Probably to avoid being so hurt again, I never wanted a dog or a cat that I called my own after this painful loss. But I still loved animals and felt connected to their pain. One book that deeply affected me was “Beautiful Joe” based on the true story of a dog who lived in Canada. The book’s opening scene where a dog was being cruelly treated by his owner, and then was saved by a beautiful and courageous woman, touched my heart deeply. I cry even now when I think about the examples of animal abuse described in this book. At age twelve, reading the heroic adventures of the young lady who helped save animals she saw were being abused, this book inspired me. “Maybe I could help to alleviate the suffering of animals and humans,” I thought. But probably because of societal influences, for most of the rest of my life my focus was on alleviating the suffering of humans.



When I was seventeen I had an epiphany while watching the well-known television show, Lassie.

When I was seventeen I had an epiphany while watching the well-known television show, Lassie. I was having a particularly hard time with people who were treating me in hurtful ways. When I saw the unconditional love that Lassie had for Timmy and other people, from seemingly out of nowhere I had these thoughts:


“Most dogs are kind to people. We don’t eat them. Most cows are kind to people. We eat them. People are unkind. We don’t eat them. Therefore, I don’t want to eat animals. They are kinder than people. I don’t want to hurt animals. They don’t deserve to be hurt.”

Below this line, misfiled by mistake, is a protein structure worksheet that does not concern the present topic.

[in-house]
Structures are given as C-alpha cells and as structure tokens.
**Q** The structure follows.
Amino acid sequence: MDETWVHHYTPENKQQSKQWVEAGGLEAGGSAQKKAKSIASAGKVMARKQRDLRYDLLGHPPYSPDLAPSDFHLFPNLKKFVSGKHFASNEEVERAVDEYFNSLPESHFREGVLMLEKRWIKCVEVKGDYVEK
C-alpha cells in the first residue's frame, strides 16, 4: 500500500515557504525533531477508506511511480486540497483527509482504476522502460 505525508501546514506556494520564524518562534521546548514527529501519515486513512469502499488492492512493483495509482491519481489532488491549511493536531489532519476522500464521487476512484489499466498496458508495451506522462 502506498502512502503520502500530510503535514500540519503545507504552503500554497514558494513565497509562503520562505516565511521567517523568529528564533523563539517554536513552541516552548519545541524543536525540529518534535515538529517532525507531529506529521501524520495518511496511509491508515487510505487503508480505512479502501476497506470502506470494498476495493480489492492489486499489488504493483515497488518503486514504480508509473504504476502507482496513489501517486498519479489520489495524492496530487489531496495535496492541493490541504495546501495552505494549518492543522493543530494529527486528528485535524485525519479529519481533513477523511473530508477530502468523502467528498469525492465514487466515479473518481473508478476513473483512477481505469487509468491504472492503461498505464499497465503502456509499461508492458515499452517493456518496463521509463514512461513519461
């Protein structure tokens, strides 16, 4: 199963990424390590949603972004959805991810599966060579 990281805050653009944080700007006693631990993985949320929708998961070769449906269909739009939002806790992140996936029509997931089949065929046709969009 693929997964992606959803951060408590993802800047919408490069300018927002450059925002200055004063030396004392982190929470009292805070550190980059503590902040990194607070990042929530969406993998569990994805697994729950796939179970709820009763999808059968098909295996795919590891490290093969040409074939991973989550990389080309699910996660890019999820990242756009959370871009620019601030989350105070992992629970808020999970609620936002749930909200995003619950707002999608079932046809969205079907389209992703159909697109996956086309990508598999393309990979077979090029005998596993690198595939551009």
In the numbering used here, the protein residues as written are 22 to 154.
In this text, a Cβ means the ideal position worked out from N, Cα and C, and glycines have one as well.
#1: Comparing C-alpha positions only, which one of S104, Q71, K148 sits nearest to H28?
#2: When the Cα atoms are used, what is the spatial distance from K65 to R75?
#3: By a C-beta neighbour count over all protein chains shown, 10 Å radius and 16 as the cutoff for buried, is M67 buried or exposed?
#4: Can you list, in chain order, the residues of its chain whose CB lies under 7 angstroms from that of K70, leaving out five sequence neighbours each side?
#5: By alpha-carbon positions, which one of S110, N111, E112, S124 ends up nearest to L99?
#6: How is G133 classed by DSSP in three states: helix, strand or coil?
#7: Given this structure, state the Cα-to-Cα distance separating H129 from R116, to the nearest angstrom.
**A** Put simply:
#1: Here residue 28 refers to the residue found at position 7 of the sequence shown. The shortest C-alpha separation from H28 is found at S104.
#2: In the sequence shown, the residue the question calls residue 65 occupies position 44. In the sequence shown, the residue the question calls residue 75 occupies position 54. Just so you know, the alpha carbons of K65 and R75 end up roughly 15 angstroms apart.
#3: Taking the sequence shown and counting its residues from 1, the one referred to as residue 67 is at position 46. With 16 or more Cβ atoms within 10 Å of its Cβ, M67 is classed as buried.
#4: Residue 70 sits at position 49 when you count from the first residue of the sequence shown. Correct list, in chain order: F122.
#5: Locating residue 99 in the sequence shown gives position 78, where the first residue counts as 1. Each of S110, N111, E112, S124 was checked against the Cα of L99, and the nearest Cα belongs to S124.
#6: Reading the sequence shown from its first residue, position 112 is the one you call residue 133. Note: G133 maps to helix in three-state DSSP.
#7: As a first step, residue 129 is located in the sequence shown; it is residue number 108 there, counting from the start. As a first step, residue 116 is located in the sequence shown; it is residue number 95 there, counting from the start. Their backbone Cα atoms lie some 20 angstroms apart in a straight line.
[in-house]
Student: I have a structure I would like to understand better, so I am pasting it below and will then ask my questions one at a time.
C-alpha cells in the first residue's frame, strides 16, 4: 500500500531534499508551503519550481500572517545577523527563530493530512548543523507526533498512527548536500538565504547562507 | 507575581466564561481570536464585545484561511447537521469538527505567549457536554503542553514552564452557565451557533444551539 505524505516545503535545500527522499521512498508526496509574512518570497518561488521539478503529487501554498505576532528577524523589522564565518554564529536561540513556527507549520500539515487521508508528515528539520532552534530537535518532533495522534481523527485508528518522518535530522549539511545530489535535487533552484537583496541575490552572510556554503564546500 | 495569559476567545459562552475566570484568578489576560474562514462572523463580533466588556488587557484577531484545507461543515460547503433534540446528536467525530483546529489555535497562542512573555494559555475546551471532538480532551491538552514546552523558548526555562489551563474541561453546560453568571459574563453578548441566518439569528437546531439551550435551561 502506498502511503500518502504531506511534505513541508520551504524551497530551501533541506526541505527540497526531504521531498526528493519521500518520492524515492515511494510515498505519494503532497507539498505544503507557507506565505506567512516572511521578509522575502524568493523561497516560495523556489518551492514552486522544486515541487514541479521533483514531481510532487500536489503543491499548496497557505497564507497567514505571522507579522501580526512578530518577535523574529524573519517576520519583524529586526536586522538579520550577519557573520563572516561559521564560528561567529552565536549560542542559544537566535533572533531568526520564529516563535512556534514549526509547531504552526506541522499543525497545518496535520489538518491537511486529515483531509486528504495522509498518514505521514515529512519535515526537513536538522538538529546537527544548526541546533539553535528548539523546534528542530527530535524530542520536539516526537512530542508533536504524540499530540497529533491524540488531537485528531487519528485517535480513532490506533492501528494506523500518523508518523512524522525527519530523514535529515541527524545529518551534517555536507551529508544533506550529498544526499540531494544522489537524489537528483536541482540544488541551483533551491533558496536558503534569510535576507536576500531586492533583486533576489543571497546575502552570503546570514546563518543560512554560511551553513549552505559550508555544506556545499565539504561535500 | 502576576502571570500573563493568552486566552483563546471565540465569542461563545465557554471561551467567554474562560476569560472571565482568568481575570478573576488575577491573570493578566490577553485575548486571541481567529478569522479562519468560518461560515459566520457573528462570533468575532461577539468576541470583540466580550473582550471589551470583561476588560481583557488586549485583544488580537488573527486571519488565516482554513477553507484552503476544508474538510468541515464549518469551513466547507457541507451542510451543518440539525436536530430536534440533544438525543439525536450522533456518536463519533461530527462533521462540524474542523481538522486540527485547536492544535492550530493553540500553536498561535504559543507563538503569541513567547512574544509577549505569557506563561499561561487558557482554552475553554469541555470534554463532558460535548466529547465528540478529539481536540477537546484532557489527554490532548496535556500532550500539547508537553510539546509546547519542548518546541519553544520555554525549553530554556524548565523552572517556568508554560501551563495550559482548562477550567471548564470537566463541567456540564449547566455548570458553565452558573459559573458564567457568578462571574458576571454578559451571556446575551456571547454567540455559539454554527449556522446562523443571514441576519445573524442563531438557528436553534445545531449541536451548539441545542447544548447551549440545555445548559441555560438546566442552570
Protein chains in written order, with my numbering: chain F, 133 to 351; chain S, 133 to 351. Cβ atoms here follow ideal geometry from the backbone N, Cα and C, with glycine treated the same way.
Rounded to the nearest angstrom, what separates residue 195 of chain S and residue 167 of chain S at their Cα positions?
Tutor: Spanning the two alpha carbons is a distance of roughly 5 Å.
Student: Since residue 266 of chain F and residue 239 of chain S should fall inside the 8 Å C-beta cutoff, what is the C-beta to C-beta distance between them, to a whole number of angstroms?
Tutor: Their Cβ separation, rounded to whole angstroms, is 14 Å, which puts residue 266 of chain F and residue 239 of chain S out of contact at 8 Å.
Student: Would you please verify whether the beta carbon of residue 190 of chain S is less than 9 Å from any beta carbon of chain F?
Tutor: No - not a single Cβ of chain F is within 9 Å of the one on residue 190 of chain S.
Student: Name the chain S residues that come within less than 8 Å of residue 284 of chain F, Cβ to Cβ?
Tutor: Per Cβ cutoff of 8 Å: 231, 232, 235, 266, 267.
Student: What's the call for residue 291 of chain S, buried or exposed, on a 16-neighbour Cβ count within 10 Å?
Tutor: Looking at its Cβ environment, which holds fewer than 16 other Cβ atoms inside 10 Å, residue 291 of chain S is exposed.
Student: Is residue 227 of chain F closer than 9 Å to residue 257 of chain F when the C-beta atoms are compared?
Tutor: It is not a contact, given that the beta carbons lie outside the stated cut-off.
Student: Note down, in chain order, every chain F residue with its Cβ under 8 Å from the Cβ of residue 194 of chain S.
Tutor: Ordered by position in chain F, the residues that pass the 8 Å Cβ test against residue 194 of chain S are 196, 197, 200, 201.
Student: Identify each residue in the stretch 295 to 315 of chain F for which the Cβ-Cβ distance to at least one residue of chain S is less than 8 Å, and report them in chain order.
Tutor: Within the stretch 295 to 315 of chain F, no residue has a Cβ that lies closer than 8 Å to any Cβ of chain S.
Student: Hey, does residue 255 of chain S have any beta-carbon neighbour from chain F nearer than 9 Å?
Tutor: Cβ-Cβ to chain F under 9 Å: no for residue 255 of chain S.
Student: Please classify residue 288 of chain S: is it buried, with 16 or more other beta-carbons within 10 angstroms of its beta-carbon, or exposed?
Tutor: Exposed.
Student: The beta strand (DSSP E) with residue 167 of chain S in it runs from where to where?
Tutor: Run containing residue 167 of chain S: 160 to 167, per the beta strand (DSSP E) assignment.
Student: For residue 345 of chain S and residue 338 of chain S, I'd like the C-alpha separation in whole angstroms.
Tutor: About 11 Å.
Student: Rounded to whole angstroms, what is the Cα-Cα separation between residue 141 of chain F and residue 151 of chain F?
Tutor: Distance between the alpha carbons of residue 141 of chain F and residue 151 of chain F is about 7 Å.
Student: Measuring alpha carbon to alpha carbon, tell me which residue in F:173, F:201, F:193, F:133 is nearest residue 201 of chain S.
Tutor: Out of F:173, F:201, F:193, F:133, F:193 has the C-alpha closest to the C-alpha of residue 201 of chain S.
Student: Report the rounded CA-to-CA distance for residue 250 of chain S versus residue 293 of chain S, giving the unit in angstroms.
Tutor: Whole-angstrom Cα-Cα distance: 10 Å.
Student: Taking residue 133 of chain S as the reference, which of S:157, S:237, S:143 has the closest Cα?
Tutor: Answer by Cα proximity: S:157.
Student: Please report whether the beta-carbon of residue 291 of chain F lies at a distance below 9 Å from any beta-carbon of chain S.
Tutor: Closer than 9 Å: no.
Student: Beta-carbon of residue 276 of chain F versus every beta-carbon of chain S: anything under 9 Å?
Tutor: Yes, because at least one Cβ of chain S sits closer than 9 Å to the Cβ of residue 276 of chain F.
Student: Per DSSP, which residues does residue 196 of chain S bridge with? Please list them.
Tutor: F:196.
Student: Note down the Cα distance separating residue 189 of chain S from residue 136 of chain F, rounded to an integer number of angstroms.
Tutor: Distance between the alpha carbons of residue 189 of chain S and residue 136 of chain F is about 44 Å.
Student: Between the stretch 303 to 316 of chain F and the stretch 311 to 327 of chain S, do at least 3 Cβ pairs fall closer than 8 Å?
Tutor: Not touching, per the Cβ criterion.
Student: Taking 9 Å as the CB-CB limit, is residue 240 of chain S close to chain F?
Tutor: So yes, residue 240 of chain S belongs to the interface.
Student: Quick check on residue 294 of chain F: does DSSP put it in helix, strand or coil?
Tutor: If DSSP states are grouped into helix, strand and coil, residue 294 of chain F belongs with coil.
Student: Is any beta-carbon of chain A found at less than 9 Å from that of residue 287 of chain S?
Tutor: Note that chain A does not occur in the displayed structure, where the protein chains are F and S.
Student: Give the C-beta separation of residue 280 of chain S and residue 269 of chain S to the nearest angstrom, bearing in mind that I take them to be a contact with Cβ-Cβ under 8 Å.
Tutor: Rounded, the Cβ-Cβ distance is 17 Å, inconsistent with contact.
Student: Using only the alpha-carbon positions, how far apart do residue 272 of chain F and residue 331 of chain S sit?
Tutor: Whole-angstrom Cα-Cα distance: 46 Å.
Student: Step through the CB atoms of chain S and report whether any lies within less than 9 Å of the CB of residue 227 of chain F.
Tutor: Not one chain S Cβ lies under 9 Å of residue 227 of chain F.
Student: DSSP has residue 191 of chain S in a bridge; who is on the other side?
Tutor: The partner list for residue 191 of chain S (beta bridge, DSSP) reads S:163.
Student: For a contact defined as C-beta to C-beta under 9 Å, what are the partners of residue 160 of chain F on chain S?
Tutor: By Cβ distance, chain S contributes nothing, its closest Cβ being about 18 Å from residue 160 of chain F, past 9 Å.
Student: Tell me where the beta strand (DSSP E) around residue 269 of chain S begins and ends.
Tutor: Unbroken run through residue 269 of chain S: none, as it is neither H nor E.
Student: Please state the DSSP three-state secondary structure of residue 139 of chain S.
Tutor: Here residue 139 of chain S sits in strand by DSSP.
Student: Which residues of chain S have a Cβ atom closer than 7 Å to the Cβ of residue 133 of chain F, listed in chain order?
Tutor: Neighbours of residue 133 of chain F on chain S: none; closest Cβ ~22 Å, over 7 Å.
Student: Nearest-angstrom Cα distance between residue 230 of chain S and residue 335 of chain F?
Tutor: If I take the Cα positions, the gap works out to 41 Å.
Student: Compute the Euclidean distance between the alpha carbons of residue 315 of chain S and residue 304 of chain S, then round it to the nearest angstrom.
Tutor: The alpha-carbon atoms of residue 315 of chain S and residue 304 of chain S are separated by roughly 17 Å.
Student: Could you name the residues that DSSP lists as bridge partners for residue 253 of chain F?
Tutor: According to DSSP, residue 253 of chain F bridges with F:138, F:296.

I instantly became a vegetarian for ethical reasons. I was committed to this lifestyle up until about two years ago when I happened to be at the Comic-Con Conference in San Diego. My daughter and I had some free time and decided to take a trolley down to this event to see what was happening. We walked by a friendly woman who offered us a dollar to watch a three-minute video. Because a dollar was a lot to me at that time, I was willing to take her up on the offer!
The video was made by Farm Animals Rights Movement (FARM) and was very well done. Even though I had wanted to give up dairy and eggs for the past few years, somehow I couldn’t take this next step. However, when I was asked how many days I would be willing to give up all animal products, I said, “seven days a week”.  Since then, I have been a committed vegan.

I thought that just being vegan was a huge contribution to helping alleviate the suffering of animals. Besides, other issues were tugging at me for attention. I decided to pour all my efforts into the animal rights movement when I met Barbara Hulley when I was visiting the Bay Area last year. I had finally found my niche after searching for the past 43 years.


We walked by a friendly woman who offered us a dollar to watch a three-minute video about animal welfare.